No action taken against tycoons

PUBLISHED : Tuesday, 22 January, 2013, 12:00am
UPDATED : Tuesday, 22 January, 2013, 2:03am

I work in Wan Chai near the Fook Lam Moon "tycoon's canteen" restaurant.

The two, sometimes three, traffic wardens outside the restaurant do a good job to keep that 50-metre stretch of road clear, but they refuse to address the greater problem of the tycoon-movers who park illegally anywhere and everywhere beyond the sight of traffic wardens and thus still block all the through traffic.

When I have stopped passing foot patrol policemen to book illegally parked tycoon-mover cars which are blocking traffic - at least those stopped on double yellow lines - they have flatly refused to get involved. "Not our job" they say. "That's the job of the traffic wardens and the traffic police."

I also see that every day Hennessy Road eastbound is reduced to from three to one lane by double parking around Wan Chai MTR station because the kerbside lane is fully occupied by illegally parked private cars and promotional vans, forcing China Travel Service coaches, minibuses and taxis to stop in the middle lane.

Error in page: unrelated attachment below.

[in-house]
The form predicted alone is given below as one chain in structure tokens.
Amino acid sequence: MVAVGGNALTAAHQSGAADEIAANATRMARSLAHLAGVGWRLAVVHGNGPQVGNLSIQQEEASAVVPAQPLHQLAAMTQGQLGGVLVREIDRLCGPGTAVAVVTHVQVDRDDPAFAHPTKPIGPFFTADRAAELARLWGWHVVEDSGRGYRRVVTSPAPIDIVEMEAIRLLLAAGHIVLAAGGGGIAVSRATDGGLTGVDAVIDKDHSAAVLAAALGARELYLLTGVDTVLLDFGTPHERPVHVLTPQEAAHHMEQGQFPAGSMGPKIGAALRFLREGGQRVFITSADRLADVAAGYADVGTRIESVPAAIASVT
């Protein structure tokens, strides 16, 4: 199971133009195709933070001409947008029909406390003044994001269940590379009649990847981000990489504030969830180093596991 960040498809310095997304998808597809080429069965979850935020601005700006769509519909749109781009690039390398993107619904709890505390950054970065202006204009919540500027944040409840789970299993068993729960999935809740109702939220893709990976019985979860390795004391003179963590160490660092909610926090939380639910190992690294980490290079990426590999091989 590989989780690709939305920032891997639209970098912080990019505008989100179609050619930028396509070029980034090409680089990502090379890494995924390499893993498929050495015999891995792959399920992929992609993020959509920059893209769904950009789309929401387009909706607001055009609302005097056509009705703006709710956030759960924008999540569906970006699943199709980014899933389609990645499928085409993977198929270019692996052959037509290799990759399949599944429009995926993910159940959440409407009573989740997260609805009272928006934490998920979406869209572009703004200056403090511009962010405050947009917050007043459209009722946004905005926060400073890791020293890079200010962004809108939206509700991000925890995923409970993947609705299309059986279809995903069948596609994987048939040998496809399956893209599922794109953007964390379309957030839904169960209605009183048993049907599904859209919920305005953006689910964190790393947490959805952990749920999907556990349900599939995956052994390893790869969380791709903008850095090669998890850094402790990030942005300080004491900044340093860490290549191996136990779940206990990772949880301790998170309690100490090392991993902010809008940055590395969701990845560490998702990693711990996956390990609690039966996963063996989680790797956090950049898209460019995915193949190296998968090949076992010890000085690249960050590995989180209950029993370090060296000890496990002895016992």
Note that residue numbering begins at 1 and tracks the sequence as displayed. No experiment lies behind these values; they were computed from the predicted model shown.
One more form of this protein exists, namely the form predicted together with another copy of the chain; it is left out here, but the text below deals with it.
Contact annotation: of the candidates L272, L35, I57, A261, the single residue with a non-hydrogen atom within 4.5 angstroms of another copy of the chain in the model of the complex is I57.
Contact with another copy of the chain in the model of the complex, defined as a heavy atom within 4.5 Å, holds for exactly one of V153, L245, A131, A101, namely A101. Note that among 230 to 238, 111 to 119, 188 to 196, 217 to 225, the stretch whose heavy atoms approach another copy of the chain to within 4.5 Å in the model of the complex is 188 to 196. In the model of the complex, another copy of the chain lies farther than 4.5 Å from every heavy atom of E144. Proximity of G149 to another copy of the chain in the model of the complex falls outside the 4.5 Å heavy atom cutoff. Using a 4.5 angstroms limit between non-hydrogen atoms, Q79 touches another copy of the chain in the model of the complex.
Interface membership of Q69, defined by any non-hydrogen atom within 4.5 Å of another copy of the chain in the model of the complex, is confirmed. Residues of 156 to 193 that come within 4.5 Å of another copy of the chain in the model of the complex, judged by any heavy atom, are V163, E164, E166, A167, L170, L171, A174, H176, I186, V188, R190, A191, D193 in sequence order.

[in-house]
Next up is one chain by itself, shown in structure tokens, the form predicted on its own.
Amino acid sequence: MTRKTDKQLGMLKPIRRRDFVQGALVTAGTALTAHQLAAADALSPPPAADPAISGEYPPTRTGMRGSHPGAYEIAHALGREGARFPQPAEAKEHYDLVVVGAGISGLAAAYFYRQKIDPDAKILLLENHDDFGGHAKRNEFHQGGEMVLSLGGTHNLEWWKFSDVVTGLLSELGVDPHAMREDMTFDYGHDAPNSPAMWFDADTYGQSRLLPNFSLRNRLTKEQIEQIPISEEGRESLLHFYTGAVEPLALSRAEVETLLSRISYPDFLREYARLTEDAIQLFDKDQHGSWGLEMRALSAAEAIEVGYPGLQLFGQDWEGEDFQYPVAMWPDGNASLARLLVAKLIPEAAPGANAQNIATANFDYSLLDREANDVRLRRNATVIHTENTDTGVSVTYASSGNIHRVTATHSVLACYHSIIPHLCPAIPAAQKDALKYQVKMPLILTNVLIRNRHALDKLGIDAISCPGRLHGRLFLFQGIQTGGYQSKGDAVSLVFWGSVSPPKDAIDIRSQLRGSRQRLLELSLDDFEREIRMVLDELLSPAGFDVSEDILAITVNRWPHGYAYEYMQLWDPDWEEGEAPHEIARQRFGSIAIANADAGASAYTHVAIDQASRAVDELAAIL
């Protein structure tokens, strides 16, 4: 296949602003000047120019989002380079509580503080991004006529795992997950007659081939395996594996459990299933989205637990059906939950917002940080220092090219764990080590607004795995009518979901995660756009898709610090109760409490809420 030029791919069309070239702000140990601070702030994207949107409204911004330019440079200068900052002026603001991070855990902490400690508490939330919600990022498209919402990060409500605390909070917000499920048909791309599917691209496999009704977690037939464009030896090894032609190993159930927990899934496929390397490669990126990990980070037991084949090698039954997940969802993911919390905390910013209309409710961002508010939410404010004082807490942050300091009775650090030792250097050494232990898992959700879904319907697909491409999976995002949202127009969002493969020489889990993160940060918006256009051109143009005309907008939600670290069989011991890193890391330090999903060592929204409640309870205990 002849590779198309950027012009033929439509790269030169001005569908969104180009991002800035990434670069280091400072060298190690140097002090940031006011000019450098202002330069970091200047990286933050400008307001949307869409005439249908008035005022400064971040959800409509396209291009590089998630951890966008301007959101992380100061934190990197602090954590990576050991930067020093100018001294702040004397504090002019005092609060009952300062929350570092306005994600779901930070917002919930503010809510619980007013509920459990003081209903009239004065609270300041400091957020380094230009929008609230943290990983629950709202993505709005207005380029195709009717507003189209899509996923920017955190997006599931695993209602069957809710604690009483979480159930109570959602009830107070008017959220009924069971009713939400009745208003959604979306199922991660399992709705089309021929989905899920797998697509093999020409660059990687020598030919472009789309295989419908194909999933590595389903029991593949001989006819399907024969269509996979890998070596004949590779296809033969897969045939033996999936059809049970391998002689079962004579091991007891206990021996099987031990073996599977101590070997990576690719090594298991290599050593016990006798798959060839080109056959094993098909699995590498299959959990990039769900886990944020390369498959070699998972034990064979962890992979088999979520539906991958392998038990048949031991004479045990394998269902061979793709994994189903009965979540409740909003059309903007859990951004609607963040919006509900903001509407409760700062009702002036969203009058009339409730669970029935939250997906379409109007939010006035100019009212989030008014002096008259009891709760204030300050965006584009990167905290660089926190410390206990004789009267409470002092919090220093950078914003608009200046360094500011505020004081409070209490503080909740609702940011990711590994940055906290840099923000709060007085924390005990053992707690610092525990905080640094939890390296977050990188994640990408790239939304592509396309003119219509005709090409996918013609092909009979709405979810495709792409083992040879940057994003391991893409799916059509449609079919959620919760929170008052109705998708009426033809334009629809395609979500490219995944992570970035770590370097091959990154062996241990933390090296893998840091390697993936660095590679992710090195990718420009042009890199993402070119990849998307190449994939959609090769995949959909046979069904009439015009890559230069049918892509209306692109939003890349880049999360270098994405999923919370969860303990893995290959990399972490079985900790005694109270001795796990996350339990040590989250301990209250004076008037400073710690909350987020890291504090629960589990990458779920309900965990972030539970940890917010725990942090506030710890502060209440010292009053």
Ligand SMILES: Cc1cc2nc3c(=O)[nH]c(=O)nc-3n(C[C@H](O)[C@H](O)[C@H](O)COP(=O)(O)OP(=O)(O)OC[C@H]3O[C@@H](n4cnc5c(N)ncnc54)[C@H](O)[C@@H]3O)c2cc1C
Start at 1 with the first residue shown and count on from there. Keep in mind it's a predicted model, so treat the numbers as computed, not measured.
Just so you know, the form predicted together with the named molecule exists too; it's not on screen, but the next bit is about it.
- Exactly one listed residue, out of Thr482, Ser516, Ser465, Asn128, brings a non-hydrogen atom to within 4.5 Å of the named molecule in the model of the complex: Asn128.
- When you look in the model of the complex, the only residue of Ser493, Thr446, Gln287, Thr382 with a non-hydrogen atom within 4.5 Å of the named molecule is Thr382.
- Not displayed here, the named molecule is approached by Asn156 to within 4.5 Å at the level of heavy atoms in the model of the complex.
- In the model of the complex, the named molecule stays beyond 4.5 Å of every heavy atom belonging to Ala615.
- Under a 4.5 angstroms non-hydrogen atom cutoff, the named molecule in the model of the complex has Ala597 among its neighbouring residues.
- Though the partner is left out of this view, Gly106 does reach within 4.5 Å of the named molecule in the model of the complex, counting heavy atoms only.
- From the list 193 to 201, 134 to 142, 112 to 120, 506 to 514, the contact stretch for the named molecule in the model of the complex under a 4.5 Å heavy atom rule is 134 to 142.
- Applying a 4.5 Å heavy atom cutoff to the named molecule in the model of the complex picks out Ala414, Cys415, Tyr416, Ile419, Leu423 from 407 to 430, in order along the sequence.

When I recently asked a passing foot patrol policeman why he didn't take any action, he replied: "We only do something when the traffic conditions require so," after which he did precisely nothing.

Not a single illegally parked car was moved on, let alone booked for "parking in a non-authorised place".

My conclusion is that illegal parking is not a matter for foot patrol policemen. So that's apparently "the standard" and we can all park in "non-authorised spaces" as long as there are no traffic wardens or traffic police around.

Except that, last month, I was enjoying Christmas lunch in Gough Street with several other diners, all of whom had neatly parked along one side of this quiet one-way, two-lane street which has no yellow lines and certainly no through traffic.

Then along came two foot patrol policemen who booked every car unless the diners were quick enough to run out and drive away. Was it because the cars were obviously not tycoon-movers, or did the "standard" suddenly change on Christmas Day?

That's what I call double standards.

Are tycoon-movers on business days off-limits for foot patrol policemen but normal citizens on other days are "fair game"?

Is this a case for the Ombudsman or at least a test court case on the grounds of inconsistent police enforcement policy?

Peter Bentley, Mid-Levels